The angular separation between two points in the radiation pattern is called beamwidth [1]. Half power bandwidth (HPBW) is defined as the angular separation between the half power points on the radiation pattern. At this point the gain of the antenna is half of the maximum value and the radiation field strength has 70.7% (3dB below) of its maximum value. Another beam width is first null beam width defined as the angular separation between the first nulls of the radiation pattern [1].

Figure-2.2: An illustration of half-power beamwidth

2.2.3 Directivity

Directivity is defined as the ratio of radiation intensity from the antenna in one direction to the average radiation intensity in all directions [2]. It can also be defined as the maximum amount of radiation in a certain direction. Mathematically, it can be represented as:

D = U/Uo = 4Ï€.U/Pt

(2.1)

where D is the directivity of antenna, U is the radiation intensity of antenna in a reference direction, Uo is the radiation intensity in all directions and Pt is the total radiated power.

When the direction of radiation is not defined, the above relationship turns out to be:

D = Umax/Uo

(2.2)

2.2.4 Gain

The directivity parameter only shows the directional properties of the antenna, whereas the gain is the measure of both the directional properties and antenna efficiency [1]-[2]. It can be defined as "the ratio of radiation intensity in a certain direction to the input power" [1]. Mathematically:

Gain = G = 4π .U(θ,φ)/Pin

(2.3)

or

G = Pr /Pt

(2.4)

2.2.5 Beam Efficiency

The total beam area is the sum of main lobe and the minor lobe [5]

(2.5)

The beam efficiency of the main lobe is defined as the ratio of beam area of the main lobe to the total beam area of an antenna [5].

(2.6)

The beam efficiency of the minor lobe is defined as the ratio of minor lobe area to the beam area of an antenna. It is also known as stray factor [5].

(2.7)

2.2.6 Bandwidth

Bandwidth is defined as the set of frequencies at which an antenna can be used effectively. This set of frequencies can be on either side of the central (resonant) frequency. Outside of this band of frequencies, the level of reactance rises to such a level that the antenna's performance is undesirable. For ETC application, the bandwidth of an antenna is of great importance as the read and write distance between the transmitter and receiver depends on it [4]. It is desirable to have antennas with greater bandwidth. There are several techniques of increasing antenna bandwidth to desirable levels. One such technique used in Microstrip patch antennas to increase their bandwidth is to thicken the substrate.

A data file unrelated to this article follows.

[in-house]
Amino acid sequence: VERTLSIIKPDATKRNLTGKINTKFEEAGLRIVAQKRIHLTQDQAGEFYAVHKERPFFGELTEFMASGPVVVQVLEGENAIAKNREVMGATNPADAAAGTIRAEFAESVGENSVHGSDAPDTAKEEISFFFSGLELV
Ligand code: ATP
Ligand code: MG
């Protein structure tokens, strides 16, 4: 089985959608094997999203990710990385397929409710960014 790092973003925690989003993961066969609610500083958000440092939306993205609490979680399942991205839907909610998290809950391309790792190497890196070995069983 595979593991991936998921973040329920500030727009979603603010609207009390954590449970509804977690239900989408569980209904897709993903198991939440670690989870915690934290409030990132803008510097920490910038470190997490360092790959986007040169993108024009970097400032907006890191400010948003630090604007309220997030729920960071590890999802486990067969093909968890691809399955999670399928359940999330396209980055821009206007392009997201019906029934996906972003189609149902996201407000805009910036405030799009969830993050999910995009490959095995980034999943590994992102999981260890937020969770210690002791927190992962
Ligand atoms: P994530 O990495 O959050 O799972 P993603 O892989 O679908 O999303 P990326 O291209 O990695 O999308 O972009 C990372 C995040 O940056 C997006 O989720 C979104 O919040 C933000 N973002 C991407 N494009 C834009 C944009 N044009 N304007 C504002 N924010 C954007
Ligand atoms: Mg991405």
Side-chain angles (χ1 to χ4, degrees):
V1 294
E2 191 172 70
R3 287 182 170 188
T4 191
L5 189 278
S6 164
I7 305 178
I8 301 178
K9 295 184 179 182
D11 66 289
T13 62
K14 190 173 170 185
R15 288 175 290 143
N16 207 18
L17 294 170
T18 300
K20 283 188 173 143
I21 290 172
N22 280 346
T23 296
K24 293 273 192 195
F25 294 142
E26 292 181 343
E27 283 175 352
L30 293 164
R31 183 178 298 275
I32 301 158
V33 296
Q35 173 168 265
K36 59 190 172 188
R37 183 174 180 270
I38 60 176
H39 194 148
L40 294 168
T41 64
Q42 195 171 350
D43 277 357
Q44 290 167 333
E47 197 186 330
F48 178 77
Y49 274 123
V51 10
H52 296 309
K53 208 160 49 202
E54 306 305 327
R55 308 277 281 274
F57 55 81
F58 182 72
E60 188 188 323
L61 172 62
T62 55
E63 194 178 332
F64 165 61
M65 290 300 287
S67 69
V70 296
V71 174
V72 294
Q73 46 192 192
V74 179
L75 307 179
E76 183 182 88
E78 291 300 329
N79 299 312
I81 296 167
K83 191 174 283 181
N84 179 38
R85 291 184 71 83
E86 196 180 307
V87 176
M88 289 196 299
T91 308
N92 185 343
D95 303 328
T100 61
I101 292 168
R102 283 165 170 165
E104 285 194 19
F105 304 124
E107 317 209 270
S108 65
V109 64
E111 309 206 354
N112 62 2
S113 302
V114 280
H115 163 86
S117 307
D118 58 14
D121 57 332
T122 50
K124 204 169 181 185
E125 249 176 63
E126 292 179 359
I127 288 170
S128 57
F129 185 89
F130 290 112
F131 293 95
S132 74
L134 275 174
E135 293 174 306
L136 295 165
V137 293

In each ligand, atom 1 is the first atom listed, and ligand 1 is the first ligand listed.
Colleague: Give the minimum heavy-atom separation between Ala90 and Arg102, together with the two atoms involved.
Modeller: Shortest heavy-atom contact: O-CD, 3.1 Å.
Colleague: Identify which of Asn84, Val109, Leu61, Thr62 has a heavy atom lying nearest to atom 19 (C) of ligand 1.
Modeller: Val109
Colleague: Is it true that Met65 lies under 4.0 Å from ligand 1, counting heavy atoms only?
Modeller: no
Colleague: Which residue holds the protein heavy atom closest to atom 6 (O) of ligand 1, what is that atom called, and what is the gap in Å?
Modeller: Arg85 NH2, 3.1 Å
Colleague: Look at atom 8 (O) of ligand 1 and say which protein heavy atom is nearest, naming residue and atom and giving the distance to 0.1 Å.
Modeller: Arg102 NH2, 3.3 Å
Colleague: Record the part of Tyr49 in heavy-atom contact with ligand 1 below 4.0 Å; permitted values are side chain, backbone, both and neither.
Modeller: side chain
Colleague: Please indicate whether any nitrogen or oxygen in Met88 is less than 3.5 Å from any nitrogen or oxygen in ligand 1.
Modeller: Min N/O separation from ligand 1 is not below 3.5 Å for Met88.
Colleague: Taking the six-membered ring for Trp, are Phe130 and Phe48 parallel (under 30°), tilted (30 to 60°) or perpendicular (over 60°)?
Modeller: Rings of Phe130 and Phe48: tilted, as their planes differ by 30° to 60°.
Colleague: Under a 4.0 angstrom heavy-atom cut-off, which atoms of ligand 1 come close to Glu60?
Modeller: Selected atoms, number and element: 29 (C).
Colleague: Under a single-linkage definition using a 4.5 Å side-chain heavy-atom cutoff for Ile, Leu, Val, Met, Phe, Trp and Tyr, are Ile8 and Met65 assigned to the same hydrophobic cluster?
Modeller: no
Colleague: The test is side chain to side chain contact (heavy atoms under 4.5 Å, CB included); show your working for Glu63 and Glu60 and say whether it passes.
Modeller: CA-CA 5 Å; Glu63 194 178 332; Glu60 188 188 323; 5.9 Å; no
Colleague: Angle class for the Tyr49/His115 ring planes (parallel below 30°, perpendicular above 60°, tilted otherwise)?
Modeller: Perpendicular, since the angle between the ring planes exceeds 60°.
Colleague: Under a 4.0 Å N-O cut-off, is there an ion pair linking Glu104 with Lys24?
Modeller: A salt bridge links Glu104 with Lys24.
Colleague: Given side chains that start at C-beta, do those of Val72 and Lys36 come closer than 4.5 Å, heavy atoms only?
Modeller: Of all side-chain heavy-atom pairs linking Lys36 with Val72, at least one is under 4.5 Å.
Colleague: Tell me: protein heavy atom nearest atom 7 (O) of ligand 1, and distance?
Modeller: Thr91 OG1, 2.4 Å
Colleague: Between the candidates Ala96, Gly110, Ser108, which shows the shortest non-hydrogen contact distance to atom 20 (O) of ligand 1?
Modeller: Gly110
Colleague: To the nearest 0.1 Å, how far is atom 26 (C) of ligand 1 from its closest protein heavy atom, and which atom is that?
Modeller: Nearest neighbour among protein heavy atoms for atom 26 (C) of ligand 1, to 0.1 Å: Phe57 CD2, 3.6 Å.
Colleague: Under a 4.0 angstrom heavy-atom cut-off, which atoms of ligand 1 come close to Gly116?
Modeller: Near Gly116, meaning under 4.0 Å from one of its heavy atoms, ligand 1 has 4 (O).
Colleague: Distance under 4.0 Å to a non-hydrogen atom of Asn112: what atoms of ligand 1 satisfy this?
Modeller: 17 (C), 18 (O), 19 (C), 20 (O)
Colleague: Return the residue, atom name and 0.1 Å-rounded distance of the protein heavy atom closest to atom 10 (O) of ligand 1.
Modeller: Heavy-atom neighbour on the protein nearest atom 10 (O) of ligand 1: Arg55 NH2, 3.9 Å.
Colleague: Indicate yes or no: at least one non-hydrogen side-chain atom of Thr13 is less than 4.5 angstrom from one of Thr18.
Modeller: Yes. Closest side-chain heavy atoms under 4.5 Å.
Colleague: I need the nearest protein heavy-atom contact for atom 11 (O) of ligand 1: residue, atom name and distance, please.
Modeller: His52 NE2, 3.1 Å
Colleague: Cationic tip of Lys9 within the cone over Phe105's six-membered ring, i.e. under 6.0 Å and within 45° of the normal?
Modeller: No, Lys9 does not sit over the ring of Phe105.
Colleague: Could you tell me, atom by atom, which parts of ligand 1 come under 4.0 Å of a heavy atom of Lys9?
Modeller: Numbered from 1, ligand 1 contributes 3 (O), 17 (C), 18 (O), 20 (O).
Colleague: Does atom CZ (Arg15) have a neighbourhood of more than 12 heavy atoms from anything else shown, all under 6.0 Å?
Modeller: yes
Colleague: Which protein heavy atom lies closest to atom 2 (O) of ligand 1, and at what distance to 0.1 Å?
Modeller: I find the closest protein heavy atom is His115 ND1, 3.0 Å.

2.2.7 Polarization

Polarization is the property of EM waves that describes its orientation in free space [3]. The polarization characterizes a time varying EM wave moving in a certain direction and the magnitudes of E-field vectors. It is classified into three different types: (1) linear polarization, (2) circular polarization, and (3) elliptical polarization.

(1) Linear Polarization

If the E-field vector is moving along a line [2], or if the E-field vector is oriented on one axis only, then the polarization said to be linear polarization. The following figure illustrates linear polarization.

Linear polarization has further two types: vertical polarization and horizontal polarization.

Vertical Polarization: A wave is said to be vertically polarized if its electric field vector is directed perpendicular to its surface [3].

Horizontal Polarization: A wave is said to be horizontally polarized if its electric field vector is directed horizontally to a surface [3].

Figure-2.3: Linear Polarization

(2) Circular Polarization

Circular polarization takes place when the magnitudes of both components are same i.e. E1 = E2 [1]. In this case the wave is travelling in both the vertical and horizontal direction with a phase difference of 90o between them. Research has shown that antennas used in the user mobile equipments are essentially circularly polarized. The concept of circular polarization is illustrated in Figure-2.4.

Figure-2.4: Circular Polarization

(3) Elliptical Polarization

When both the field components are of different magnitudes and having a phase difference of 90o between them, then the wave is said to be elliptically polarized wave [1]. Circular polari-zation is a special case of elliptical polarization.

2.2.8 Input Impedance

It is defined as "the impedance present at the terminals of an antenna or the ratio of electric and magnetic field components at some point" [1]. Normally the input impedance of the transmission line through which the antenna is feed is 50Ω; however, the input impedance of antenna itself can vary. This can cause the signal to reflect back, hence reducing the efficiency of the antenna.

2.2.9 Antenna Efficiency